Hydraulic fracturing has had a tumultuous relationship over the years with the public as well as with government officials. In the United States, fracking has been welcomed, studied, banned, and unbanned. Some states have opened their arms to the controversial process, while others have been cautious or outright prohibited it.
While the battle over fracking is playing out in the United States, other countries across the globe are also weighing their options on how to approach fracking and all it entails, from energy independence and job creation to public protests and the threat of environmental damage. Here’s a look at five countries and their decisions on fracking.
- Algeria – More than 230 trillion cubic feet of shale gas waits beneath this North African country, which is a member of OPEC, the Organization of the Petroleum Exporting Countries. That amount could be enough to supply the whole of the European Union for 10 years, bringing a significant boost to Algeria’s economy. However, fracking has plenty of detractors here. Finding enough water for the water-intensive process without jeopardizing other uses will be a challenge in the desert, and protestors have rallied at pilot well sites, saying they are worried about water contamination. Another factor is the drop in the price of oil. As oil prices fall, the economic viability of fracking in Algeria becomes harder to sustain.
- France – In 2011, France was the first European country to enact a moratorium on fracking. Two years later, the Conseil Constitutionnel, which is roughly equivalent to the U.S. Supreme Court, upheld the constitutionality of the moratorium. President François Hollande has affirmed the need for the ban as an environmental precaution, based on a lack of research about the long-term effects of fracking. While a 2014 report stated that French shale gas reserves could be removed safely with alternative methods, the French government has maintained that shale gas is no longer on the table, despite those findings.
- Germany – Although fracking has been used in Germany to extract gas from conventional tight reservoirs, unconventional shale gas fracking in Germany has effectively been banned since 2012 as it has been prohibited at depths of less than 3,000 meters. In a November 2014 radio interview, Germany’s Environmental Minister Barbara Hendricks affirmed the ban, saying that commercial fracking might be allowed in the future if it could be scientifically proven to have no adverse effects on the environment. In April, Germany’s cabinet approved draft fracking legislation that includes the 3,000-meter depth limit for shale gas (and coalbed methane) reservoirs as well as other strict environmental protections. Trial fracking for scientific purposes may be allowed without being subject to the 3,000-meter depth limit if an expert commission confirms that it does not pose risks to people and the environment, such as using pollutants that might contaminate the water supply. The parliamentary vote on this legislation has been delayed until fall.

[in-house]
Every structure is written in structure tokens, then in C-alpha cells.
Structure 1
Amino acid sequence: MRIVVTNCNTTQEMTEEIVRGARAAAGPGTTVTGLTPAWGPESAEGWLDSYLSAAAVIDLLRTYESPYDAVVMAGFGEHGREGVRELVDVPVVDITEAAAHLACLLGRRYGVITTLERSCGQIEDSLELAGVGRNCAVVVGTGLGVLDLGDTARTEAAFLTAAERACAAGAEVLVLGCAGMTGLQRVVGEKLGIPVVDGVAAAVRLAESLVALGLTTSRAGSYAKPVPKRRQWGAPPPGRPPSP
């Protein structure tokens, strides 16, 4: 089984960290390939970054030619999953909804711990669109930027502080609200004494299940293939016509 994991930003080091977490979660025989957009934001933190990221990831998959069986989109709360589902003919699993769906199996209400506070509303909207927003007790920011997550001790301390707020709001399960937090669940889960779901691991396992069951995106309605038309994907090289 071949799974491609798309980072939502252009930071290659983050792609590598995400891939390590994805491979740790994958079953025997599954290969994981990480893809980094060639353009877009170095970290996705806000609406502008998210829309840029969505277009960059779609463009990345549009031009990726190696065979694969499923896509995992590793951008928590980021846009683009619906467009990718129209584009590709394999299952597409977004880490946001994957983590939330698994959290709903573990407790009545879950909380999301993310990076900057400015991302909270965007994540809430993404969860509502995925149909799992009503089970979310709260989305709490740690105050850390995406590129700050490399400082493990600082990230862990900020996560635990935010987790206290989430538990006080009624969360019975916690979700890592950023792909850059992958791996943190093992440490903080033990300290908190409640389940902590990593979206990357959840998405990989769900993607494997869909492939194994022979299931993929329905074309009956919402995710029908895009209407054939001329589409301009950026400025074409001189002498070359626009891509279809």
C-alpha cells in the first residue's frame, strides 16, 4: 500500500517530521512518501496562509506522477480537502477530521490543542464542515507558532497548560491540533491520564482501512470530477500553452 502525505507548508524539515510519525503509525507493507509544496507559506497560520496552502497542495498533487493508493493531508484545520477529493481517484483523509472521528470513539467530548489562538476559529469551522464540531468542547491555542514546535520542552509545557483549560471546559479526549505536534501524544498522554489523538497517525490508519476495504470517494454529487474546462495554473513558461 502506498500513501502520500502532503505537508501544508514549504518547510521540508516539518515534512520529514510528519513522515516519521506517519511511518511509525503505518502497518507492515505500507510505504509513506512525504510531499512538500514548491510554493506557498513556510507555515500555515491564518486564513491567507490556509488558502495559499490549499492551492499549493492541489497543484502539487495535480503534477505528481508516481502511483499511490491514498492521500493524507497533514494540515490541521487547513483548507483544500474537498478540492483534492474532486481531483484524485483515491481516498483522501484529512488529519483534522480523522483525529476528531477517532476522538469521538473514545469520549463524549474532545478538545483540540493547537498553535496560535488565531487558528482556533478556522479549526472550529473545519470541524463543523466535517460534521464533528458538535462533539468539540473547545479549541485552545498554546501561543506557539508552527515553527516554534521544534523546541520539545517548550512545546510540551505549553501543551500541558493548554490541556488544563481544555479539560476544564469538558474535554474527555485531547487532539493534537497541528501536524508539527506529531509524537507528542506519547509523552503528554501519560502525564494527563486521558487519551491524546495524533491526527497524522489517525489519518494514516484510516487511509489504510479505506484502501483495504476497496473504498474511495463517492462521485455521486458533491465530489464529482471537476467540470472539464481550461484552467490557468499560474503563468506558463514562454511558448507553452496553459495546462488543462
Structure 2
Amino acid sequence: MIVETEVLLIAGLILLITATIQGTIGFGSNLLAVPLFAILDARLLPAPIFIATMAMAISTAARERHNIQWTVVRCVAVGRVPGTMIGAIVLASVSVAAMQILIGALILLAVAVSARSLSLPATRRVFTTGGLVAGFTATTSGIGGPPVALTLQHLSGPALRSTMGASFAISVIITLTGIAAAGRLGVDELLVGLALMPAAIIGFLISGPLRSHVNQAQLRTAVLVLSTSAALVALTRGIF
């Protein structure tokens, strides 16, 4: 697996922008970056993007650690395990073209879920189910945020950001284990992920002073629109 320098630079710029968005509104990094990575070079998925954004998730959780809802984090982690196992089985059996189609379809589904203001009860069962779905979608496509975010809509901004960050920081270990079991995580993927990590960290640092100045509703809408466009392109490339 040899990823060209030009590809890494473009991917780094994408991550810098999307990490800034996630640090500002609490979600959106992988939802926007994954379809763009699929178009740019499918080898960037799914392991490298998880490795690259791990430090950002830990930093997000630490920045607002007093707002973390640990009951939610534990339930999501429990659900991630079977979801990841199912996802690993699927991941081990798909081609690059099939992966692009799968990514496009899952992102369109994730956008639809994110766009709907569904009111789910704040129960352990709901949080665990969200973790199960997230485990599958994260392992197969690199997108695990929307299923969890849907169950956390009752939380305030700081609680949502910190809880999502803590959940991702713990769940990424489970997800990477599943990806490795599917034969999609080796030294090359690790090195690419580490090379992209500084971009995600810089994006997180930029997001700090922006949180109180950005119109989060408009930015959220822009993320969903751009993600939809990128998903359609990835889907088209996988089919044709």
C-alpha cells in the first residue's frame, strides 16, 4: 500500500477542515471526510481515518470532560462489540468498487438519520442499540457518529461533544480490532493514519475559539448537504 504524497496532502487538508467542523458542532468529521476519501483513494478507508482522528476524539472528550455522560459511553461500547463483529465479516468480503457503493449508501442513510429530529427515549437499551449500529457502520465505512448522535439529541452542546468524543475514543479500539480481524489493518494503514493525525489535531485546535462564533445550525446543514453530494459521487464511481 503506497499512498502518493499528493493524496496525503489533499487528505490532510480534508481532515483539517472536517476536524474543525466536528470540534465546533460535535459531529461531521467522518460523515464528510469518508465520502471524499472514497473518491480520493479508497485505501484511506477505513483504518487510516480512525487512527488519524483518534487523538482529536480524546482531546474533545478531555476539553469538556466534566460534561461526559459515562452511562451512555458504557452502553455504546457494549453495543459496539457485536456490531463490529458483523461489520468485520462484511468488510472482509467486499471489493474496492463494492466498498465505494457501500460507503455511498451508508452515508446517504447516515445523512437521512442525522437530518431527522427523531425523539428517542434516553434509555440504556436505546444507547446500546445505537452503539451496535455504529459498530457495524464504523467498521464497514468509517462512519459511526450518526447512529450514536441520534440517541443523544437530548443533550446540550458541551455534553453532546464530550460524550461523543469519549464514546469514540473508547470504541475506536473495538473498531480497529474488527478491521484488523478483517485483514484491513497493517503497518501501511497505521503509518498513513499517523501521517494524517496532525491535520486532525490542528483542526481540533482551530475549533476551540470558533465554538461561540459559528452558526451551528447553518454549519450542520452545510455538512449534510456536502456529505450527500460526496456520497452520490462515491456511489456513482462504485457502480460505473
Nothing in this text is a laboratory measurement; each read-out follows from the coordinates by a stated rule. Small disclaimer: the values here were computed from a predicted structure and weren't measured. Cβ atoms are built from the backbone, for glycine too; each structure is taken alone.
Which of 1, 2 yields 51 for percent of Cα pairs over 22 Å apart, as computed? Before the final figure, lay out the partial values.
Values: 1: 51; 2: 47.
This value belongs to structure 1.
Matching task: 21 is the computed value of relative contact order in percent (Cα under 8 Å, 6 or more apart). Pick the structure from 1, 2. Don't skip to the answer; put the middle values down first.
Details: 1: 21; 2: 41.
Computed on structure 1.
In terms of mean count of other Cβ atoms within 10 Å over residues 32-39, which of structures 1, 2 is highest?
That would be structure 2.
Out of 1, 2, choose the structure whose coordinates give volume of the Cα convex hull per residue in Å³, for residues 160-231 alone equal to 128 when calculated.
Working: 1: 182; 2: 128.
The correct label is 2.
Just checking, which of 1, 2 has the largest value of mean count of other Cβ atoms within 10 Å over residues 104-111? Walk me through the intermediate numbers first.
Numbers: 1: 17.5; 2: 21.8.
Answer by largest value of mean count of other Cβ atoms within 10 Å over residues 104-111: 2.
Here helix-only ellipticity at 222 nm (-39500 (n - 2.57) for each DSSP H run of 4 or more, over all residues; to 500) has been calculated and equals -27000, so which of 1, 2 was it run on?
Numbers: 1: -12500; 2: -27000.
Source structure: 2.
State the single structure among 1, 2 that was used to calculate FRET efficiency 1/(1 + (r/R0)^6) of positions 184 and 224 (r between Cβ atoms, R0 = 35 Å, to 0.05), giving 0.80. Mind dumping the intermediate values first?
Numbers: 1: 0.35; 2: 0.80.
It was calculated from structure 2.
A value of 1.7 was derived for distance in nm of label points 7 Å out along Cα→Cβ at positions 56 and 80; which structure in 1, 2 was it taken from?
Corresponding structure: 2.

- Spain – Regional governments have begun allowing exploratory drilling. Permits for exploration increased 35% from 2012 to 2014 as oil companies sought to get in on the possible oil boom. Offshore drilling looked to be the future, but oil company Repsol ended its exploratory drilling near the Canary Islands, stating that the surveys showed the project would not be successful. Spain is stuck in an economic downturn with very high unemployment; the Spanish unemployment rate topped 27% in the first quarter of 2013, and it was still 22.5% as of June 2015. While protests against fracking are common, the government sees it as a way to create jobs, reduce high energy costs, and decrease the country’s reliance on oil imports.
- United Kingdom – A moratorium on fracking in England was instituted in 2011 following two earthquakes linked to fracking activities in Lancashire. The moratorium was lifted the next year, and since then, fracking operations have been legal, although no fracking has actually taken place. Prime Minister David Cameron is becoming increasingly frustrated that fracking projects can’t move forward because a county council refused to approve planning consent applications for two fracking projects. On the other hand, Scotland announced a moratorium in January on all unconventional oil and gas extraction, including fracking, until more information about the potential effects, positive and negative, can be compiled and assessed. In February, the Welsh government followed suit, announcing its own moratorium to take effect as soon as they receive the devolved power to set their own energy policy.
For a visual summary, Deutsche Welle (DW) research has prepared a very helpful map showing the status of fracking throughout Europe. These are just some of the fracking stories playing out around the world. Do you see fracking being conducted in more countries, or do you think more bans are on the way? Leave your thoughts in the comments below.